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Songs That Talk About Child Abuse

By Edited Nov 13, 2013 2 2

Songs That Talk About Child Abuse
A total of 3 million reports are filed every year on child abuse and a single report can involve more than one child. It is estimated that more than six million children are abused sexually, physically, and emotionally. Everyday, more than five children die of abuse and 80 percent of this are under four years of age. What is worse, more than more than 60 percent of abuse cases are not even reported. More than 30 percent will will become abusers and another 30 percent self-destruct (USDHHS, 2010).

Child abuse has always been at the forefront of government priority. Yet, it is estimated that 50 percent of child abuse cases don’t even get reported. This is because most abusers are closely related to the victim. The situation is harder when it is the parents or guardians that are abusing them because they are left with no one to run to. Those who manage to speak up don’t always get the help they need. Those who become aware that they are being abused don’t always have the courage to speak up when they are already of age because of shame or because they don’t simply don’t see the point of doing so.

Many popular media personalities have started becoming more open about their abuse which has encouraged more celebrities to come out with their stories. Oprah, Terri Hatcher, Maya Angelou, Axl Rose and others have been at the forefront of this drive to encourage more people to speak up knowing that speaking up will help catch more abusers and save more children.

Music and Child Abuse

The music industry has not shied away from it too. More importantly, music has been instrumental in tackling other forms of child abuse. Perhaps one of the most popular musicians to speak about the abuse he has experienced as a child is Michael Jackson. In several interviews, he openly discussed how he was robbed off his childhood because he was forced to work as soon as he could sing. Jacson’s (1995) song, Childhood, was an ode to that childhood that he lost.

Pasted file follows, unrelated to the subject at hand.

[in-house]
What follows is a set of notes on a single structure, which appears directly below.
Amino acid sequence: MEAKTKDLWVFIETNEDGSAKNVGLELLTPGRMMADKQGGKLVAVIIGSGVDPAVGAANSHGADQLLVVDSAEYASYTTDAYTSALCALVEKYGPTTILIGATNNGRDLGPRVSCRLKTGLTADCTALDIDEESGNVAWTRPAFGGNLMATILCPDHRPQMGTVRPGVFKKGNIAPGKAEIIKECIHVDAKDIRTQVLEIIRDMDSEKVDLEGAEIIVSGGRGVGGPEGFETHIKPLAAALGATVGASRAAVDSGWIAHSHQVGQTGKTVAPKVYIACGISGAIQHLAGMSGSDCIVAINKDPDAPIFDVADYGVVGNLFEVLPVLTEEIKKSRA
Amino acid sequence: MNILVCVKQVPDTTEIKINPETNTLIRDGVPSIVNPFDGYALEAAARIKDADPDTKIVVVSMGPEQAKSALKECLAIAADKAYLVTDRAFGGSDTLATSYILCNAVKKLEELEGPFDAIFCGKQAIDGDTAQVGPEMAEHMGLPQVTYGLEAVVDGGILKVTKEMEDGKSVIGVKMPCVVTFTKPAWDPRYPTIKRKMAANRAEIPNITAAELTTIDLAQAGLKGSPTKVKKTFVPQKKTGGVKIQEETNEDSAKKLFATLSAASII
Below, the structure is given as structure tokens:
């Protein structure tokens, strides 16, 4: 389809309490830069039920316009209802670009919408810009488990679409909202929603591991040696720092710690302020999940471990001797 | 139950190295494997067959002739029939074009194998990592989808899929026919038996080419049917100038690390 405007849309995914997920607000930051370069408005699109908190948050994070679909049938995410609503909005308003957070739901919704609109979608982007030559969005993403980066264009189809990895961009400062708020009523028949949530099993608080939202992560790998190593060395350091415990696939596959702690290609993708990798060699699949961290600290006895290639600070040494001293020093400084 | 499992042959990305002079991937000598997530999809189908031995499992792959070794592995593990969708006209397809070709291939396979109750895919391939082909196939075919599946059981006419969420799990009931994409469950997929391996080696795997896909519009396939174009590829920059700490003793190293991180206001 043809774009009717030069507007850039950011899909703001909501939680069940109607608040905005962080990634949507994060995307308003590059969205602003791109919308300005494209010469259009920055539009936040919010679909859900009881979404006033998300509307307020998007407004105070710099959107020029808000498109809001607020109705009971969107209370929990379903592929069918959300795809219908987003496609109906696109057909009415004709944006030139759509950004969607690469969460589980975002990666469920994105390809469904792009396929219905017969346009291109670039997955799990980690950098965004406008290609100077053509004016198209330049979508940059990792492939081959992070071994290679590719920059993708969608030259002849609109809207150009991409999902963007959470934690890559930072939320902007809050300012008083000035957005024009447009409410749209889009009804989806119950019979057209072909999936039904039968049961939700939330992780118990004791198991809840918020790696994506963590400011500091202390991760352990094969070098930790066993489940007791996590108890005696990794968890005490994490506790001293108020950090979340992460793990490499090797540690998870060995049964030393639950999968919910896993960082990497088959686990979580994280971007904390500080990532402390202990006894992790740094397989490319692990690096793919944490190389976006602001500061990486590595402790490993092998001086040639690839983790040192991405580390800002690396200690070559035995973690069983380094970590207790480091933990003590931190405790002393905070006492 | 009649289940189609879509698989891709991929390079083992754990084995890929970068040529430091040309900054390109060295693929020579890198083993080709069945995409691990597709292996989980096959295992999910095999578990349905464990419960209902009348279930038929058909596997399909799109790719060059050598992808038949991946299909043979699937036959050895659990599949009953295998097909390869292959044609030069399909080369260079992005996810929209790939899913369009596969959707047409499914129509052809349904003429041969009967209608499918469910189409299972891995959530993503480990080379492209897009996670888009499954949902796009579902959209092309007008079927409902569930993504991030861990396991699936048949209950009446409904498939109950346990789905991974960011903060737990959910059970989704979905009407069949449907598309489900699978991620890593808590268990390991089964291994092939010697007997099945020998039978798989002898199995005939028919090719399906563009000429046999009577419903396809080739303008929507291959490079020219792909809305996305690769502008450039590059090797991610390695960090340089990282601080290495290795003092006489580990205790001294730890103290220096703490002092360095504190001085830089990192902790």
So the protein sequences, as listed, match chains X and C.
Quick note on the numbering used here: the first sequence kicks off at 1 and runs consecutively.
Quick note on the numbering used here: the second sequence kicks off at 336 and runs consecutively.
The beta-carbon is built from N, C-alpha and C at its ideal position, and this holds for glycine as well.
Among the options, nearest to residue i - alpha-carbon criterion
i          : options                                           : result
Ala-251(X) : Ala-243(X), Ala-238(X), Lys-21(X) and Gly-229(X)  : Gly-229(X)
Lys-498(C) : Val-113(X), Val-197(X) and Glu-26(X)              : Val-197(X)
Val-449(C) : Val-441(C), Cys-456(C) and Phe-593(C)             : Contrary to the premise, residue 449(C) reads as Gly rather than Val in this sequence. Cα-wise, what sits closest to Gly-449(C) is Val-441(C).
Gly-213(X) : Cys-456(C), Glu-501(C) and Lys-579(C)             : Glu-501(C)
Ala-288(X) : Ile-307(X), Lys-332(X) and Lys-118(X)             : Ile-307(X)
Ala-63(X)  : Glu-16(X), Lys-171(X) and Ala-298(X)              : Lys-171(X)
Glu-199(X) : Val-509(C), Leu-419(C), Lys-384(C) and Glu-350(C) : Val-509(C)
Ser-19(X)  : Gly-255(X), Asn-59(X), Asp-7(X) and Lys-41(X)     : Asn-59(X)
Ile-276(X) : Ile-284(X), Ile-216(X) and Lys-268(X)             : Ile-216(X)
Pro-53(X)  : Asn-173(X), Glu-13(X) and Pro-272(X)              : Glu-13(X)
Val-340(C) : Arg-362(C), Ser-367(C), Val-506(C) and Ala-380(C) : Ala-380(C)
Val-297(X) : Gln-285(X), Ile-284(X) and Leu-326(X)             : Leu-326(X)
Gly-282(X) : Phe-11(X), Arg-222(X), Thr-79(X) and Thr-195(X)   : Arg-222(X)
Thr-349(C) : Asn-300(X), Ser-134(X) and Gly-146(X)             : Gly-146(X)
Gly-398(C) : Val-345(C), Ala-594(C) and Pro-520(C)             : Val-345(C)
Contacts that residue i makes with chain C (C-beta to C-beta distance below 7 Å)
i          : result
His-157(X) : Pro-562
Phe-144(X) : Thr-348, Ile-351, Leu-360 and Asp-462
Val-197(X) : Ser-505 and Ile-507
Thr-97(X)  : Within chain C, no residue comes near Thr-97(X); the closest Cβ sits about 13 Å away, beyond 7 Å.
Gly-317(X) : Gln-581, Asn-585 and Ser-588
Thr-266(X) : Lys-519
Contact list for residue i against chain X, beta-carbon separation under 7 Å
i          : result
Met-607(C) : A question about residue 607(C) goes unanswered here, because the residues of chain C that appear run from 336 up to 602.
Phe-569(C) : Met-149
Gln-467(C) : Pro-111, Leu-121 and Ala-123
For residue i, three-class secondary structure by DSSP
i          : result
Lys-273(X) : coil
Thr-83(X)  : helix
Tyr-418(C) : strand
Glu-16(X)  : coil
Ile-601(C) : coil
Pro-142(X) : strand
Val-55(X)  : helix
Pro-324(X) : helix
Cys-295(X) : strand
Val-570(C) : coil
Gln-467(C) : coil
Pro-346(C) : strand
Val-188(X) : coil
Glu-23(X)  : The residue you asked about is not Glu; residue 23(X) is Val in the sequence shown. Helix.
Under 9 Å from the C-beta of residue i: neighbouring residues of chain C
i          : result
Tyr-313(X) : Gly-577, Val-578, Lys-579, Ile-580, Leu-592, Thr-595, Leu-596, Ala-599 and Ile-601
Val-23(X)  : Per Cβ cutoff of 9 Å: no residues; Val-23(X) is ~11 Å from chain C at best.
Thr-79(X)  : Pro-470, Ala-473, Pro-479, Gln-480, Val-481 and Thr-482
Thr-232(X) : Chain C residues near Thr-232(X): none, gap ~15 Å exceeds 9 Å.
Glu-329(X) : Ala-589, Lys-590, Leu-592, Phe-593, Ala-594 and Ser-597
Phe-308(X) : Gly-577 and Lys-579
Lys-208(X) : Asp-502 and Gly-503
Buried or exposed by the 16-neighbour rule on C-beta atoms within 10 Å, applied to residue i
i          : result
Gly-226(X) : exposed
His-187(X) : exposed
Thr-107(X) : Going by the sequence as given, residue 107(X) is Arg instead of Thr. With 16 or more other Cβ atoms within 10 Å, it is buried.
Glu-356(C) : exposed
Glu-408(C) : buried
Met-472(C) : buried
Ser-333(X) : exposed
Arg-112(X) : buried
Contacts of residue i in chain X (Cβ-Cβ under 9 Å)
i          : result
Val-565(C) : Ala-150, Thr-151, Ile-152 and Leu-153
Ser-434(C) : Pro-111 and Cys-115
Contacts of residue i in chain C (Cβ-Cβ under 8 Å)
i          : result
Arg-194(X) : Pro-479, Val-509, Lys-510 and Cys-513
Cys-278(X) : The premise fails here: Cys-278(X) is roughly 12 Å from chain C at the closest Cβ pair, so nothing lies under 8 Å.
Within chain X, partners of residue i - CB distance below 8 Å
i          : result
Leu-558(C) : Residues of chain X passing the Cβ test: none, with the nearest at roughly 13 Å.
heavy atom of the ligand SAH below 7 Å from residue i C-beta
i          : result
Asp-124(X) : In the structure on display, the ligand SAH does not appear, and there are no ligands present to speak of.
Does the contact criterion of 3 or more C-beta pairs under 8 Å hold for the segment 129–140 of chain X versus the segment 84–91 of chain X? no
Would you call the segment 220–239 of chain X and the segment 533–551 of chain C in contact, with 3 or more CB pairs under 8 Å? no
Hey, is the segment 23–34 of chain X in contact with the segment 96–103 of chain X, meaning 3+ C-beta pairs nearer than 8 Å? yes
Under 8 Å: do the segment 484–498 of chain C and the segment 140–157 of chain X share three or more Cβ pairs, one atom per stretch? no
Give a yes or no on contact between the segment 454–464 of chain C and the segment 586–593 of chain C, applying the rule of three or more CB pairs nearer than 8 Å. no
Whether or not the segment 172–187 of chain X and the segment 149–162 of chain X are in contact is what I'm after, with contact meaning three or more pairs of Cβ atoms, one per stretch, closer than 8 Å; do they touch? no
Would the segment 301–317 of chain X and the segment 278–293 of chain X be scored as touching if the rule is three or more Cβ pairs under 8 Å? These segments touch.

Coolio, et al (1995) released one of the most popular rap songs in history, Gangsta’s Paradise. Often interpreted as a song against racism, the song actually talks about the violent environment that children from the less fortunate communities grow up in. Crosby and Bentley (2002) wrote Concrete Angel to tell a story about a child who was beaten to death by her mother.

Two contemporary artists who wrote and sung about child abuse are Linkin Park (2001) and Eminem (2002). Crawling was a song about getting beaten up by parents and Cleaning Out My Closet talked about being neglected and being physically abused by a drug addicted mother.

The Music and the Musician

Authenticity is one of the most debated issues in music. Many pop artists are frowned upon because they don’t write their own songs. Such a practice positions music as a commodity rather than a shared art. When this is meshed with a highly personal issue such as abuse, the problem becomes compounded. It is difficult to relate a personal experience to a commodity. This is what sets the five songs that were chosen apart from other songs.

All of the songs are on a first person perspective which gives the song a more personal feel. Except for one, each of the songwriters admitted being abused as a child. It provides the song a certain level of authenticity. Cleaning Out My Closet, for example, was Eminem’s personal experience as a child with his drug addicted mother.

Crawling (Linkin Park, 2001) on the other hand was a surprising revelation which formed part of the appeal of the song. Linkin Park is known to be a very private band. Never the kind to extensively discuss their personal lives, the lead vocalist, Chester Bennington, revealed that he was abused as a child by an older friend.

Jackson’s (1995) Childhood was the only song he has ever written about the childhood he lost after being put to work by his father as part of the Jackson 5 as early 5 years old. Coolio (1995) experienced discrimination and neglect as a child African American and poor.